Part of the problem might be that both developers and users are uncertain as to what practices would be tolerated under their domestic data protection regimes and where applicable, cross-border interactions between such regimes. For example, in Europe, several businesses have faced penalties for violating citizens’ data rights when using new technology. In 2019, the Dutch Data Protection Authority imposed a fine of €725 000 on a company that processed biometric fingerprint data when less intrusive means of processing were available. In Hungary, the Budapest Bank was fined approximately €650 000 for using voice-analysis AI systems to assess the emotional state of customers who telephone the bank’s call centre, and monitor its handling of customer complaints. More recently, the U.K. Information Commissioner’s Office fined Clearview AI more than £7.5 million for collecting people’s images from internet and social media sites without their knowledge or consent in order to create a global online database that could be used for facial recognition in criminal investigations.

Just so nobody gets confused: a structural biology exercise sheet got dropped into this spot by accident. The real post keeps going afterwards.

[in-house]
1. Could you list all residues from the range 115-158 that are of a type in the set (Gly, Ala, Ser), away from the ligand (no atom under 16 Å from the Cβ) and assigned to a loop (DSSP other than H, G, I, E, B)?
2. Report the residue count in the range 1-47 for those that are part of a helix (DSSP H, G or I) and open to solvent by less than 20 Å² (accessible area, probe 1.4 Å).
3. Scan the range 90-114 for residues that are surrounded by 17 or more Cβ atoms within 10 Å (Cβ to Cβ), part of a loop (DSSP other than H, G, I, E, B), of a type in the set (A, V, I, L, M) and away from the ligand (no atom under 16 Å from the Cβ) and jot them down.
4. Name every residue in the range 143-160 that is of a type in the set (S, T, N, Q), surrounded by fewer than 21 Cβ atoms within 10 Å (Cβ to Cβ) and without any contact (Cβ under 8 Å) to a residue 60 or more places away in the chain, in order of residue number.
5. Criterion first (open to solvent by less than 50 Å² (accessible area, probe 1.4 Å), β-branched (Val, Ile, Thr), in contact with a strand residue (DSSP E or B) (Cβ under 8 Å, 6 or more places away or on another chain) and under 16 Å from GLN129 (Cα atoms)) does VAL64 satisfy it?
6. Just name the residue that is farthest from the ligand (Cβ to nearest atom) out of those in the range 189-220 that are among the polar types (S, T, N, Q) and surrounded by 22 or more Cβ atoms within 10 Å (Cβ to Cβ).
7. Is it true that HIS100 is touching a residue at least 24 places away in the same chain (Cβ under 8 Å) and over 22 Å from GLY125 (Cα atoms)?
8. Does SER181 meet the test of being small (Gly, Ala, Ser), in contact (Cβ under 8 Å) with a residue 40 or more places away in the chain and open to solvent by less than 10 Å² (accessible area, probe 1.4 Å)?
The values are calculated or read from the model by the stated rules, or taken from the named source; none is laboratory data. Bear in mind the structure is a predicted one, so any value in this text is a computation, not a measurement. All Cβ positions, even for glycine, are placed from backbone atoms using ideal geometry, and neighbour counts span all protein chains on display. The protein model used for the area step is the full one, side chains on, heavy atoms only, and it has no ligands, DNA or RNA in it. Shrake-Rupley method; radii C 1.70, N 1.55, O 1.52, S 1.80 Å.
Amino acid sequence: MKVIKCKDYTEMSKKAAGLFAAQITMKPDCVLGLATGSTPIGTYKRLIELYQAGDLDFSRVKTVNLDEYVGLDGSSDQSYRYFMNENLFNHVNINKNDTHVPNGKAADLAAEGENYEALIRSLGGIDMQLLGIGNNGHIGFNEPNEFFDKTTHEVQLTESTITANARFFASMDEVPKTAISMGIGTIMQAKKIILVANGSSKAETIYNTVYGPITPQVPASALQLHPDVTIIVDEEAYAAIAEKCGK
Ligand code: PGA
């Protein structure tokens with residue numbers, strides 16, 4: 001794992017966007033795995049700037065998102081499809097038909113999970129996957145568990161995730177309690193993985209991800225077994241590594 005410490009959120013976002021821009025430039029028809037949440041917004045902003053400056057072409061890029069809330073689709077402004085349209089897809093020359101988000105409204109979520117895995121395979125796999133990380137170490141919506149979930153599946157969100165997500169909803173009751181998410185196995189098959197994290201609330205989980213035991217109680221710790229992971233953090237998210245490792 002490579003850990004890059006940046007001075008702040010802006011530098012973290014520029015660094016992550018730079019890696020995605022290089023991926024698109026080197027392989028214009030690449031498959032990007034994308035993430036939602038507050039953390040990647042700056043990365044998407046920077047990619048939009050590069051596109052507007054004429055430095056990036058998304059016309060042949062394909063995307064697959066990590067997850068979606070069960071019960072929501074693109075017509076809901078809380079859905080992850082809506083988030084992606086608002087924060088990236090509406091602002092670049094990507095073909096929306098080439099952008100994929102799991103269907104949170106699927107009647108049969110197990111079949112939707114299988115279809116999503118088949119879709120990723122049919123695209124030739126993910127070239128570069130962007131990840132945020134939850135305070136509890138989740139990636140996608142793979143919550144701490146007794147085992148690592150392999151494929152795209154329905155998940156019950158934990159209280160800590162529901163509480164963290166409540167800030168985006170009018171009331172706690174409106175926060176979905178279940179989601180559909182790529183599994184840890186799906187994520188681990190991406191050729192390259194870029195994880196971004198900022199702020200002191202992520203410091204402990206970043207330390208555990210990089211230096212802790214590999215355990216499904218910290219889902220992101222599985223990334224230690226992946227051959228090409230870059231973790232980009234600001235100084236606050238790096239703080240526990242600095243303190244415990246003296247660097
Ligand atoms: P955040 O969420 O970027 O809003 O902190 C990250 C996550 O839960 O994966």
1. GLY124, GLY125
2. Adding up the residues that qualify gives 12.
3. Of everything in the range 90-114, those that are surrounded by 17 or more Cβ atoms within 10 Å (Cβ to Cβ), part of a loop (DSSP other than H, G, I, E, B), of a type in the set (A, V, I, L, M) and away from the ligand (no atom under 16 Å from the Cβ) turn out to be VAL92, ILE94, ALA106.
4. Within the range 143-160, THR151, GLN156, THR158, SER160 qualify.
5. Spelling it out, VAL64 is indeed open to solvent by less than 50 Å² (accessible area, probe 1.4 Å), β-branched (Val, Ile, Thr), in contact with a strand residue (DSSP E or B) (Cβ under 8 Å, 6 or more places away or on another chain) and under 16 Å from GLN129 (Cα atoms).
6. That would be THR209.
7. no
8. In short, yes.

The South African approach to conducting data-related investigations and the imposition of fines is even more uncertain given the infancy of the Office of the Information Regulator (Regulator); and is yet to show its teeth in respect of its handling of data breaches (and complaints related thereto) and willingness to set precedents relating to what the enforcement of POPIA will look like from a practical perspective.